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  • Why is BP Leaving US Refining Lobby?

Why is BP Leaving US Refining Lobby?

Mar 27 2020 Read 501 Times

In a move that has made waves across the global energy market, BP has announced plans to leave the American Fuel & Petrochemical Manufacturers (AFPM), the main US refining lobby. The British-based multinational oil and gas company will also be departing two other trade groups, with Chief Executive Bernard Looney citing carbon policy disagreements as one of the main drivers behind the decision.

"BP will pursue opportunities to work with organisations who share our ambitious and progressive approach to the energy transition,” said Looney said in a statement released by BP. “Currently we have no areas of full alignment."

BP aims to boost consumer trust

The decision came after a review of memberships with more than 30 associations across the globe, including the AFPM. In an Instagram post, Looney said BP's views on carbon pricing didn't align with those of the US refining lobby, adding he hoped the decision would boost consumer trust in the oil and gas company.

BP currently operates three refineries in the United States, including the Whiting, Indiana plant that produces 430,000 barrels per day. The decision won praise from environmental groups, who assert if BP wants to achieve its intrepid vision to emerge as a net zero energy company by 2050, changes such as this are essential. The company will also be terminating memberships with the Western States Petroleum Association (WSPA) and Western Energy Alliance (WEA).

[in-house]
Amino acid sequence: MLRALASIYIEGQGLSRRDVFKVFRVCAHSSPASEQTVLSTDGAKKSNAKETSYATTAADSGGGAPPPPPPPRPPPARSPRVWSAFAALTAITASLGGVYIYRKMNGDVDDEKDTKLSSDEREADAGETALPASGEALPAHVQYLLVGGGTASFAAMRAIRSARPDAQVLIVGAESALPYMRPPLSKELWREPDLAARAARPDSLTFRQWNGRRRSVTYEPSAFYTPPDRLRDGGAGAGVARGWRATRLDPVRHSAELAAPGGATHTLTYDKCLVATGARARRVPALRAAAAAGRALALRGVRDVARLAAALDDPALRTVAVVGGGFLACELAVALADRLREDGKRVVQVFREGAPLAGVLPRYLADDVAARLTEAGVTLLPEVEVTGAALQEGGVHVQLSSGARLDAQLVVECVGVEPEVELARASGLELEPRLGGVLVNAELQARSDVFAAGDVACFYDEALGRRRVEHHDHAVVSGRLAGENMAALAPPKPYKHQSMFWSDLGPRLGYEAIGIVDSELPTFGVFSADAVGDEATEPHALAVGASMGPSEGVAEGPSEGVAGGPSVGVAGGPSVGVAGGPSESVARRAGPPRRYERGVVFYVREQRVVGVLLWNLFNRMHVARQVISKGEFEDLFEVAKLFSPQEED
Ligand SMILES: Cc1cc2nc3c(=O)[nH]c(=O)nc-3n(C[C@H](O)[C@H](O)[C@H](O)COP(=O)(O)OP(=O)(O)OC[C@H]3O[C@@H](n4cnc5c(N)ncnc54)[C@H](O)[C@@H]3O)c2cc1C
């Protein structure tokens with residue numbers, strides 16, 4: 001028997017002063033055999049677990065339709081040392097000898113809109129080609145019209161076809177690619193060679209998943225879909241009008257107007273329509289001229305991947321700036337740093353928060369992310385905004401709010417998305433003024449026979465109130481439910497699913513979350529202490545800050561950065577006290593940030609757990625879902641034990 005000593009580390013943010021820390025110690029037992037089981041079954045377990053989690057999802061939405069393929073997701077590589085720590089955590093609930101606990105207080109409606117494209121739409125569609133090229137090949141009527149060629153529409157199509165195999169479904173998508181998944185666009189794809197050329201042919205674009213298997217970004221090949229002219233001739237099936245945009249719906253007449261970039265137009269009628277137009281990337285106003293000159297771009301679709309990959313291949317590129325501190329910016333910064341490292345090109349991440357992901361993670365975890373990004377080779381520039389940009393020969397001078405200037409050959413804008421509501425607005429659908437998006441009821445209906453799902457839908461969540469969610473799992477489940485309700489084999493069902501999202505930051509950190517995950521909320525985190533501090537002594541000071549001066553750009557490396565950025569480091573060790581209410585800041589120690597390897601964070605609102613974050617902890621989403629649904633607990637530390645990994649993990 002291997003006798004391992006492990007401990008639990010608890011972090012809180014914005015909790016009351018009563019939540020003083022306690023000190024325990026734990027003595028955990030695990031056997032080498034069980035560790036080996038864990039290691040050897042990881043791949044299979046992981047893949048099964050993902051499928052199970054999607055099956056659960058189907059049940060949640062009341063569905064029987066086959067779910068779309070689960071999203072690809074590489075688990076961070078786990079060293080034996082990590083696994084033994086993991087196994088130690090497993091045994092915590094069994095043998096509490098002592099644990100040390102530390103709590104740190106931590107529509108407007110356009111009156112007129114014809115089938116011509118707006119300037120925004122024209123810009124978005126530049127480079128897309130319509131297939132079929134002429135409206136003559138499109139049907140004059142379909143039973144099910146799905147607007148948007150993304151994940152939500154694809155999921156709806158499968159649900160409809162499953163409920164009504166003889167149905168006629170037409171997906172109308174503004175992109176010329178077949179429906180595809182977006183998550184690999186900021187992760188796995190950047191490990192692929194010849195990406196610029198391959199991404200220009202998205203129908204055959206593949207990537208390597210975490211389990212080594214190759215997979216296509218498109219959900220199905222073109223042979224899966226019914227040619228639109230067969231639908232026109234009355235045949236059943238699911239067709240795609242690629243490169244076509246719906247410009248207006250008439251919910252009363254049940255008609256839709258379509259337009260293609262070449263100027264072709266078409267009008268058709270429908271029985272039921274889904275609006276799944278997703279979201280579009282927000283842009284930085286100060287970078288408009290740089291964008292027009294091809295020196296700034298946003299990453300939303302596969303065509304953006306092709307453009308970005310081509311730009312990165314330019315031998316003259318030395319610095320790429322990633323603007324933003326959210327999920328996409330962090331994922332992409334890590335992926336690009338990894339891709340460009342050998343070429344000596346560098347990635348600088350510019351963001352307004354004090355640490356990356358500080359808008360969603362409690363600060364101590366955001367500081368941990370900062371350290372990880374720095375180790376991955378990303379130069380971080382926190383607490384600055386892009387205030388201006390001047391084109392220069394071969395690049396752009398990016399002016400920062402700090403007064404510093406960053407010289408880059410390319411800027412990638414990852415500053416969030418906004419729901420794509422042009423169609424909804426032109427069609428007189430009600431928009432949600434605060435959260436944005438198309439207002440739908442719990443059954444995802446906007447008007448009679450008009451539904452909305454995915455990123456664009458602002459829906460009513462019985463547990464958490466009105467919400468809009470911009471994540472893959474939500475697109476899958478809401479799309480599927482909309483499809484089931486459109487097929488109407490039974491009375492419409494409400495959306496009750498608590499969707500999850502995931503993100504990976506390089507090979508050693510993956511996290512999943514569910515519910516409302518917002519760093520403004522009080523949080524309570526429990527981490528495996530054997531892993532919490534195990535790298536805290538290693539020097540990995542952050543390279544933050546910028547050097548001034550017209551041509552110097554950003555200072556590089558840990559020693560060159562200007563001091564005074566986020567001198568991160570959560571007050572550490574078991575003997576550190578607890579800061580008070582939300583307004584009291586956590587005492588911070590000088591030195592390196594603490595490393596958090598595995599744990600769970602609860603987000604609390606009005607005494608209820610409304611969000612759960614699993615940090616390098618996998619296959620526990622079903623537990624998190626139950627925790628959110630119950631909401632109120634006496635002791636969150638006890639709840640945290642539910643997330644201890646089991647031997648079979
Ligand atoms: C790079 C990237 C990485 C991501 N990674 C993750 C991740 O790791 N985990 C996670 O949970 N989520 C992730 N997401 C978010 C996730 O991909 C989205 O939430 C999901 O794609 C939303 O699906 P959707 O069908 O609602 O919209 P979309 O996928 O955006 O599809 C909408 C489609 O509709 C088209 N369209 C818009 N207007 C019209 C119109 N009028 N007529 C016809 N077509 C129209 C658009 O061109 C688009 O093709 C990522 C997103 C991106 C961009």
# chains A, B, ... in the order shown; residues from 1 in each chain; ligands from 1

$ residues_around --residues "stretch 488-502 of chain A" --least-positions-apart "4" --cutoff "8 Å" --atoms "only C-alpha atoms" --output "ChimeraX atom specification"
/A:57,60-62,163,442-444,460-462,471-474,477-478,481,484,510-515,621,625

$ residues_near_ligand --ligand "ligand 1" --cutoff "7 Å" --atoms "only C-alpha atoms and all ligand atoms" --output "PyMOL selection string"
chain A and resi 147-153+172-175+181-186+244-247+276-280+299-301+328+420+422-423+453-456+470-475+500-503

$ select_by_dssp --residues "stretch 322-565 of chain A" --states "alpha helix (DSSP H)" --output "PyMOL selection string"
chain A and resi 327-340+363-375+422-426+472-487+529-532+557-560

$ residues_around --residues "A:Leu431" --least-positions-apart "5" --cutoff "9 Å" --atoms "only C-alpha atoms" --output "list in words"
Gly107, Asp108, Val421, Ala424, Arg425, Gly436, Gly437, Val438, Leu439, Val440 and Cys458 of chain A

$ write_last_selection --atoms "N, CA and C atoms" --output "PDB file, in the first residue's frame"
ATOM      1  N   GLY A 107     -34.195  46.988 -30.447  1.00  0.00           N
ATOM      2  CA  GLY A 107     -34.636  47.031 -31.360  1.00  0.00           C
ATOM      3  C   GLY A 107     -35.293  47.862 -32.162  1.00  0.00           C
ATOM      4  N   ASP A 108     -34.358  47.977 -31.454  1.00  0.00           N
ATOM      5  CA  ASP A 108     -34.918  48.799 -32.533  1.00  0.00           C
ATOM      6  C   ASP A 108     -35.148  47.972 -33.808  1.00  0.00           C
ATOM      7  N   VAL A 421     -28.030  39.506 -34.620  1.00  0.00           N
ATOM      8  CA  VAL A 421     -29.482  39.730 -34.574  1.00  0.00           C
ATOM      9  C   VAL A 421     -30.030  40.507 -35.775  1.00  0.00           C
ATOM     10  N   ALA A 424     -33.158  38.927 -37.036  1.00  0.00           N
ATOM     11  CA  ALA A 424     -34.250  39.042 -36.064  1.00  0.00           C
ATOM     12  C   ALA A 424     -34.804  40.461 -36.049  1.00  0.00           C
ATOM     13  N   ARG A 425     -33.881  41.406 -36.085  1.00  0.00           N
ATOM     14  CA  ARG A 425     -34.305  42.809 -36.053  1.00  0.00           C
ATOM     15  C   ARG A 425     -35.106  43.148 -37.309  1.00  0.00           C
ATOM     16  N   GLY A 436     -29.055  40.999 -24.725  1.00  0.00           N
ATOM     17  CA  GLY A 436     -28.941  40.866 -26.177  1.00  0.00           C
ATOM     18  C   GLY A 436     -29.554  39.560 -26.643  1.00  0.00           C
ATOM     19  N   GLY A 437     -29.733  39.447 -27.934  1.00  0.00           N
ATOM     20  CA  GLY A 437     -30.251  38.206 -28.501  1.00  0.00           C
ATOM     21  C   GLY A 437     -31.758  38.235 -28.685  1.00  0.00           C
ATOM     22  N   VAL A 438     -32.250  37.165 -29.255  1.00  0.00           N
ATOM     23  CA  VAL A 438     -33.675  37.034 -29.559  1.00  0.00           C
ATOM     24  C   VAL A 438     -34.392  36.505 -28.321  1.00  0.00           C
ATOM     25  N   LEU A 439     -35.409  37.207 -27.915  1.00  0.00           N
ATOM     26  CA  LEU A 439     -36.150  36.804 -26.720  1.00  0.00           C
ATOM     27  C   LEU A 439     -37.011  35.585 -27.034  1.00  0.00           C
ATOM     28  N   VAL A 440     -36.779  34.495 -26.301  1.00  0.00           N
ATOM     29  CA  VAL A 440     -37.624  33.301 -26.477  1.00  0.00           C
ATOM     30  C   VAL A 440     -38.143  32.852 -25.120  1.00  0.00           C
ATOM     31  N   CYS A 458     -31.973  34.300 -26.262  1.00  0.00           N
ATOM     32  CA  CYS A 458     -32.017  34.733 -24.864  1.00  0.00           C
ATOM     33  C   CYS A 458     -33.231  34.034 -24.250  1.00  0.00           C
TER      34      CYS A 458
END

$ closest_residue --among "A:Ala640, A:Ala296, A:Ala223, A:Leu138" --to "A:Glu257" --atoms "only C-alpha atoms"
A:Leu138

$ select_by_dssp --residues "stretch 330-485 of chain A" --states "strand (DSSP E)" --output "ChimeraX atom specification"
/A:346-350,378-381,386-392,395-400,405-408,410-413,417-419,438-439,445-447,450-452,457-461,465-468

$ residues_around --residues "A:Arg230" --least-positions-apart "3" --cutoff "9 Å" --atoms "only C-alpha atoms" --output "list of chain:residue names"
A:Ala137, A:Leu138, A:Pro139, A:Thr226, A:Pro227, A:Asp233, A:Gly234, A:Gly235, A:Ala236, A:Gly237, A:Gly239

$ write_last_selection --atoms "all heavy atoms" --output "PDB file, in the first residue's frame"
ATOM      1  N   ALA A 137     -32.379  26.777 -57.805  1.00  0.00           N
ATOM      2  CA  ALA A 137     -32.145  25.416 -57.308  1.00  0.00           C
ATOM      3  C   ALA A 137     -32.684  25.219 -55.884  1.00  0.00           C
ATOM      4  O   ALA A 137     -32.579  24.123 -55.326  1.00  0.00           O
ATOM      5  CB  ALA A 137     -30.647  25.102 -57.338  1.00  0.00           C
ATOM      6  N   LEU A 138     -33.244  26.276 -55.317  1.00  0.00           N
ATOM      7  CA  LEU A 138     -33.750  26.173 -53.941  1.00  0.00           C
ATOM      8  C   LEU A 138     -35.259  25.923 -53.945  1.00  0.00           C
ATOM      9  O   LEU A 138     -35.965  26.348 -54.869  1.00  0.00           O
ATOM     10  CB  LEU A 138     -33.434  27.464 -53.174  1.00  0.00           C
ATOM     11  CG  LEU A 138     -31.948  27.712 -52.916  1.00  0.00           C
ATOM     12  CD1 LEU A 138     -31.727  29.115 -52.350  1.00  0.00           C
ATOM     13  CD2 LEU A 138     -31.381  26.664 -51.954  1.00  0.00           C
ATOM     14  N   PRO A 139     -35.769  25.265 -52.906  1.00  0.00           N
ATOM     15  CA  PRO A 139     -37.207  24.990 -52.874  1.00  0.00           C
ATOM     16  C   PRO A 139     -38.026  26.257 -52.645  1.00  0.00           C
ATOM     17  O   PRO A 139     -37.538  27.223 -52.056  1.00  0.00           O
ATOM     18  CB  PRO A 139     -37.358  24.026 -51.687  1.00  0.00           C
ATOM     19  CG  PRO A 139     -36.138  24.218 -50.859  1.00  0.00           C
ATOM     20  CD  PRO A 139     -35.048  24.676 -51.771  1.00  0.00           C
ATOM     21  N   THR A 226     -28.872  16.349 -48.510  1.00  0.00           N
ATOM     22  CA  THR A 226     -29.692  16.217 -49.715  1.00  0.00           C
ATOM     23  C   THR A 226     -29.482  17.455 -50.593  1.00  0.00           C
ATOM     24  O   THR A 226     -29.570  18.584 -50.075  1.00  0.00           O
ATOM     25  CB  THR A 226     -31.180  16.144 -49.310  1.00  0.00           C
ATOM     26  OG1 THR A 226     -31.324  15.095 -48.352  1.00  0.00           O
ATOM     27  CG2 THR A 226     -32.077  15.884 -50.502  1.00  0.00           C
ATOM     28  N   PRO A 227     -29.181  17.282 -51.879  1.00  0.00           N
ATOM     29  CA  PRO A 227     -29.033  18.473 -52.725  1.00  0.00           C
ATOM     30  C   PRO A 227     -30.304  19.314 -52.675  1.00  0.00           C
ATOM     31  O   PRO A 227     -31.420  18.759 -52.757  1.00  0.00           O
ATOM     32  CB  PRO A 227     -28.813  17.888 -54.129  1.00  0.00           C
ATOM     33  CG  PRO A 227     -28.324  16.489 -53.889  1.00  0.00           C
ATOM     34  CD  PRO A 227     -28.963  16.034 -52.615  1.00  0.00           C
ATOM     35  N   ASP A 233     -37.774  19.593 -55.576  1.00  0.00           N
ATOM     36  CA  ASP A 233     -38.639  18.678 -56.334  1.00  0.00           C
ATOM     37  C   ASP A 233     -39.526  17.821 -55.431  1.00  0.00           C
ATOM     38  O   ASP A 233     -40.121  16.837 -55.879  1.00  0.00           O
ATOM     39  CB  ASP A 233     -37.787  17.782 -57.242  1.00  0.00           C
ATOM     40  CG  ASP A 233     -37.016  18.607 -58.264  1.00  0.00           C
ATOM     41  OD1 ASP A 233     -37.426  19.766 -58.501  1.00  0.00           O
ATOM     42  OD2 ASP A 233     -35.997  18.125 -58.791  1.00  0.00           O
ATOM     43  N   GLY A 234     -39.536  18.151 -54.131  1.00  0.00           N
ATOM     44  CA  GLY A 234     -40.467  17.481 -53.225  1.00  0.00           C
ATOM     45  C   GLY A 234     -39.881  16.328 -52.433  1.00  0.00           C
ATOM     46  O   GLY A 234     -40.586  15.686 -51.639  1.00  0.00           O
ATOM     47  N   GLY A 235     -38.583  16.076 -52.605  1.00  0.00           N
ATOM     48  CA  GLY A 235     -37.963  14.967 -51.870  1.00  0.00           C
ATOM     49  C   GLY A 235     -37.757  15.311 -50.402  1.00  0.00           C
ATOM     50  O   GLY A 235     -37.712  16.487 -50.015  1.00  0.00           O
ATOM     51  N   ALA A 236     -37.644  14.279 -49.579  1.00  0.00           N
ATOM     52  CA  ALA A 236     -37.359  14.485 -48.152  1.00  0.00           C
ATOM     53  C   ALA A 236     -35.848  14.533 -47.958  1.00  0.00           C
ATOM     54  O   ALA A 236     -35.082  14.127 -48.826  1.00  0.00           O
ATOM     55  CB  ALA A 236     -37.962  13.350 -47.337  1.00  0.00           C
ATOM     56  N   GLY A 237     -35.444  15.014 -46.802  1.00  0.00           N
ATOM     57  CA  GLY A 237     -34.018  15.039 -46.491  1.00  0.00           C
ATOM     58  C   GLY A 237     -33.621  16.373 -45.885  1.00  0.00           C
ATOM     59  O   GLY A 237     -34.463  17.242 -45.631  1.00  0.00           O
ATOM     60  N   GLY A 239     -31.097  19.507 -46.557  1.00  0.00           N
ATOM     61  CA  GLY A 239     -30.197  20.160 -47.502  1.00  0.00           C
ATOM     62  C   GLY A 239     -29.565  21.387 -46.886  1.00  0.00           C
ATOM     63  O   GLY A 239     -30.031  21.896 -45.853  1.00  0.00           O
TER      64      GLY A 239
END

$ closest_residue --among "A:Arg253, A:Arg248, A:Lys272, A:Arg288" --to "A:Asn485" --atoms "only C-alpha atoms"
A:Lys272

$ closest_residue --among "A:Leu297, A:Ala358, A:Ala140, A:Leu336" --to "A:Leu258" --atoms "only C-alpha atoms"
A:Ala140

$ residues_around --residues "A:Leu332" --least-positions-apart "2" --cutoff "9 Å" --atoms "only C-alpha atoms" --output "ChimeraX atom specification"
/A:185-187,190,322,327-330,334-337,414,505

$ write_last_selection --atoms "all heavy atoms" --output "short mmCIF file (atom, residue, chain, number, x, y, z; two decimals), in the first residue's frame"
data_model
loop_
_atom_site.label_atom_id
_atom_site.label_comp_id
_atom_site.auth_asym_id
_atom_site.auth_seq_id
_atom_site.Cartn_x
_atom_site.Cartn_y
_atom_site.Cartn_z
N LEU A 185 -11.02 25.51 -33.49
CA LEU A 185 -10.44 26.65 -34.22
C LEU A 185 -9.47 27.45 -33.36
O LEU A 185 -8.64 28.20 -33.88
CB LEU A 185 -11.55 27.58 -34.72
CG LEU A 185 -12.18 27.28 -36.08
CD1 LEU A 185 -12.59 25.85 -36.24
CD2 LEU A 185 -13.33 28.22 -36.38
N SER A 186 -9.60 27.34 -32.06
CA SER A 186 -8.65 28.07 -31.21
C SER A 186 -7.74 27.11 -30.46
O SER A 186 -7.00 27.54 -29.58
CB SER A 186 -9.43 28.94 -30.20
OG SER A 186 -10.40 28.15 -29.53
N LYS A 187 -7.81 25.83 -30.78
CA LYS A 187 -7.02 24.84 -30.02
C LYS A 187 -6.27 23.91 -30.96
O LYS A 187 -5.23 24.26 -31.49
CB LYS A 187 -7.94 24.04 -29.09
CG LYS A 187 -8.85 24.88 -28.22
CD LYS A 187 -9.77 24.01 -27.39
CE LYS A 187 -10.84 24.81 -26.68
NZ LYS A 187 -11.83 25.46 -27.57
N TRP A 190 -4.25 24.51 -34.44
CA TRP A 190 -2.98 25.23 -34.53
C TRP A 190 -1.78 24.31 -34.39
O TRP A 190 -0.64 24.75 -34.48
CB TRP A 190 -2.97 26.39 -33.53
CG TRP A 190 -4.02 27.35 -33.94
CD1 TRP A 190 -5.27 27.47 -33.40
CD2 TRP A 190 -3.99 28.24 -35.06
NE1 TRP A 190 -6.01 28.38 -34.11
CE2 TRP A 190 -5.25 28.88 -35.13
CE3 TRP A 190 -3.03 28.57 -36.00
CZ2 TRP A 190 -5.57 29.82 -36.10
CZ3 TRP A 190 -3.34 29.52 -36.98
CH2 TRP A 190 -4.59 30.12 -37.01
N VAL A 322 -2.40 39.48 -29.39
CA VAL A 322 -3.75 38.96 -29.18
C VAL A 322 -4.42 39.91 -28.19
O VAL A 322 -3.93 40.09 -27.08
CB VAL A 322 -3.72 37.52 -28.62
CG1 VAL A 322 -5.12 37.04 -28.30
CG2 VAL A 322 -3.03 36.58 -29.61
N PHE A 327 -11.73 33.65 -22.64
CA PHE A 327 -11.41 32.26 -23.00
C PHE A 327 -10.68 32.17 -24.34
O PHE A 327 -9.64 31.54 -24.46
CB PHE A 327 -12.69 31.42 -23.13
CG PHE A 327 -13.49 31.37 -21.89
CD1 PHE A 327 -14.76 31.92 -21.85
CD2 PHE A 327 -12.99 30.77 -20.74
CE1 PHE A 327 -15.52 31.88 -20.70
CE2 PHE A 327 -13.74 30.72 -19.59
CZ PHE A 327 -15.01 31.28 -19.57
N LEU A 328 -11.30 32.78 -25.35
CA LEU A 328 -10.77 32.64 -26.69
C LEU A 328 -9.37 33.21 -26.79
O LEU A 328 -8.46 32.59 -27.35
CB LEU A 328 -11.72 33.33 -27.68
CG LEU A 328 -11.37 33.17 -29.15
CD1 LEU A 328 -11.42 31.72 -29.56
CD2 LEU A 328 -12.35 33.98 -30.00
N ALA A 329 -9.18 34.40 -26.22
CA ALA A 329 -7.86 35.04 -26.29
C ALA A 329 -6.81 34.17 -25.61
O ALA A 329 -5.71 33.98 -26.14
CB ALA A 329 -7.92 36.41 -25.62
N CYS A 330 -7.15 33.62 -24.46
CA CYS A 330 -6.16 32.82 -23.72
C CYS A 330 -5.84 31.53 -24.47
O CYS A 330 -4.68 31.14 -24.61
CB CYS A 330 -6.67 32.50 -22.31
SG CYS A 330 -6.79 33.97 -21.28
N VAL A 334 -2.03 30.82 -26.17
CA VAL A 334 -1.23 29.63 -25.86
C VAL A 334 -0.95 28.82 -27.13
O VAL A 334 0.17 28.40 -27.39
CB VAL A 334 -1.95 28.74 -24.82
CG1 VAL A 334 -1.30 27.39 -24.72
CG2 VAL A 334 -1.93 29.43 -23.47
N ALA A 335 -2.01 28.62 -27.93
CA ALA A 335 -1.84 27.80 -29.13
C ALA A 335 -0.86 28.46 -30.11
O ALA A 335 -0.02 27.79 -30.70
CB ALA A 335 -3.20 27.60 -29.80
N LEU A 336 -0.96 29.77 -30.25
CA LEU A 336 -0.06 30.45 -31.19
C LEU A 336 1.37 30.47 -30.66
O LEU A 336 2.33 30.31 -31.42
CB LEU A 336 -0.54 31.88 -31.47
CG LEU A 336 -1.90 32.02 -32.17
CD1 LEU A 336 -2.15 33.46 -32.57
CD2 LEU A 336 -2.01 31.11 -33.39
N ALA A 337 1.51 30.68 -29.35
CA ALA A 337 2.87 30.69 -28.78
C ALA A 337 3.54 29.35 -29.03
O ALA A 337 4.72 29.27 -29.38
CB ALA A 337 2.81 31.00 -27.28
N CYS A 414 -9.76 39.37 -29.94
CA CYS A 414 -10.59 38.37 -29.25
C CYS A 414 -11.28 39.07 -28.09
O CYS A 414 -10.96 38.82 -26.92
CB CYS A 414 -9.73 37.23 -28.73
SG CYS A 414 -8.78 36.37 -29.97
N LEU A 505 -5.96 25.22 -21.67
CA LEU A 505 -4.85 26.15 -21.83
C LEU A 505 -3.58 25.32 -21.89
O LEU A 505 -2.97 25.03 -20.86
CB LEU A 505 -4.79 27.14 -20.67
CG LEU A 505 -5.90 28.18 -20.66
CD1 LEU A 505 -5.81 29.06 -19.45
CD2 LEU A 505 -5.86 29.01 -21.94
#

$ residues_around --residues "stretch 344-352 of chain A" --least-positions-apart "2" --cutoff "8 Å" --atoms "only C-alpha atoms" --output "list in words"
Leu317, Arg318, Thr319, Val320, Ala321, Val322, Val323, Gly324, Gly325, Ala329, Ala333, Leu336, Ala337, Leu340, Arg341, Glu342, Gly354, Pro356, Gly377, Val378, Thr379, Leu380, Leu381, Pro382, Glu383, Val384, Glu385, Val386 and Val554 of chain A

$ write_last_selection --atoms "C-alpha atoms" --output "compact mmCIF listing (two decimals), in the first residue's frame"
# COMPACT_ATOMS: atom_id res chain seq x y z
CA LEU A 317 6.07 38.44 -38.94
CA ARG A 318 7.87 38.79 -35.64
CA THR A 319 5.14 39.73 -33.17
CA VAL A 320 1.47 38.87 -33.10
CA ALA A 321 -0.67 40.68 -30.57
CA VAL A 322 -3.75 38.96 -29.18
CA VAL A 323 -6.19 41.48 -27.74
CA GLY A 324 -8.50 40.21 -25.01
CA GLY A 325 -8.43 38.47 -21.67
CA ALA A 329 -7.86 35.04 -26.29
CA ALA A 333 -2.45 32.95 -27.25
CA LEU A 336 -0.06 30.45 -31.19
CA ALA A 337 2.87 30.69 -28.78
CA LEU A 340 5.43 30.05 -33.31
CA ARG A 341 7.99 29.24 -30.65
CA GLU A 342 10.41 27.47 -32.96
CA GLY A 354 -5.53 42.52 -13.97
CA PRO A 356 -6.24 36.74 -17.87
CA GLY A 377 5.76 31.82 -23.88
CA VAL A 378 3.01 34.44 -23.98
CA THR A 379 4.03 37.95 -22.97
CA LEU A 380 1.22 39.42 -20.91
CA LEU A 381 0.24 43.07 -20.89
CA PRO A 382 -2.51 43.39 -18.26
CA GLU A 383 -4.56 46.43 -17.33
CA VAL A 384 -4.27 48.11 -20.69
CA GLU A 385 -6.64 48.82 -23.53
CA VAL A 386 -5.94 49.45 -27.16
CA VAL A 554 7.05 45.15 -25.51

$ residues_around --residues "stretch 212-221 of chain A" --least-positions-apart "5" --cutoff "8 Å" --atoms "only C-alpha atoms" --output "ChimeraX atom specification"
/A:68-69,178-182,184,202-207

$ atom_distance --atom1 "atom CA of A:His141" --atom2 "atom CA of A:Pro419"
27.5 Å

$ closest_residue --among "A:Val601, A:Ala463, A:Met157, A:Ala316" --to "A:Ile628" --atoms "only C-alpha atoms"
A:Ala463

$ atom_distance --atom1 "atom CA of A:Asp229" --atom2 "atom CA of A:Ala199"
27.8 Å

AFPM rapidly losing oil majors

BP isn't the only oil and gas major departing the AFPM, with Royal Dutch Shell and Total also departing the refining lobby last year. While BP blamed clashing policies on carbon emissions for the departure, AFPM Chief Executive Chet Thompson disagreed. "AFPM is and has been committed to supporting policies that address climate change,” he said. “Because of that, it leads us to assume that this decision was made based on factors other than our actual positions on the issues."

Thompson admits that while members don't always agree on policy specifics, all share a common goal of combating climate change and spearheading innovation. "We believe that BP’s decision to leave industry organizations like ours hurts their cause, not helps it," he says.

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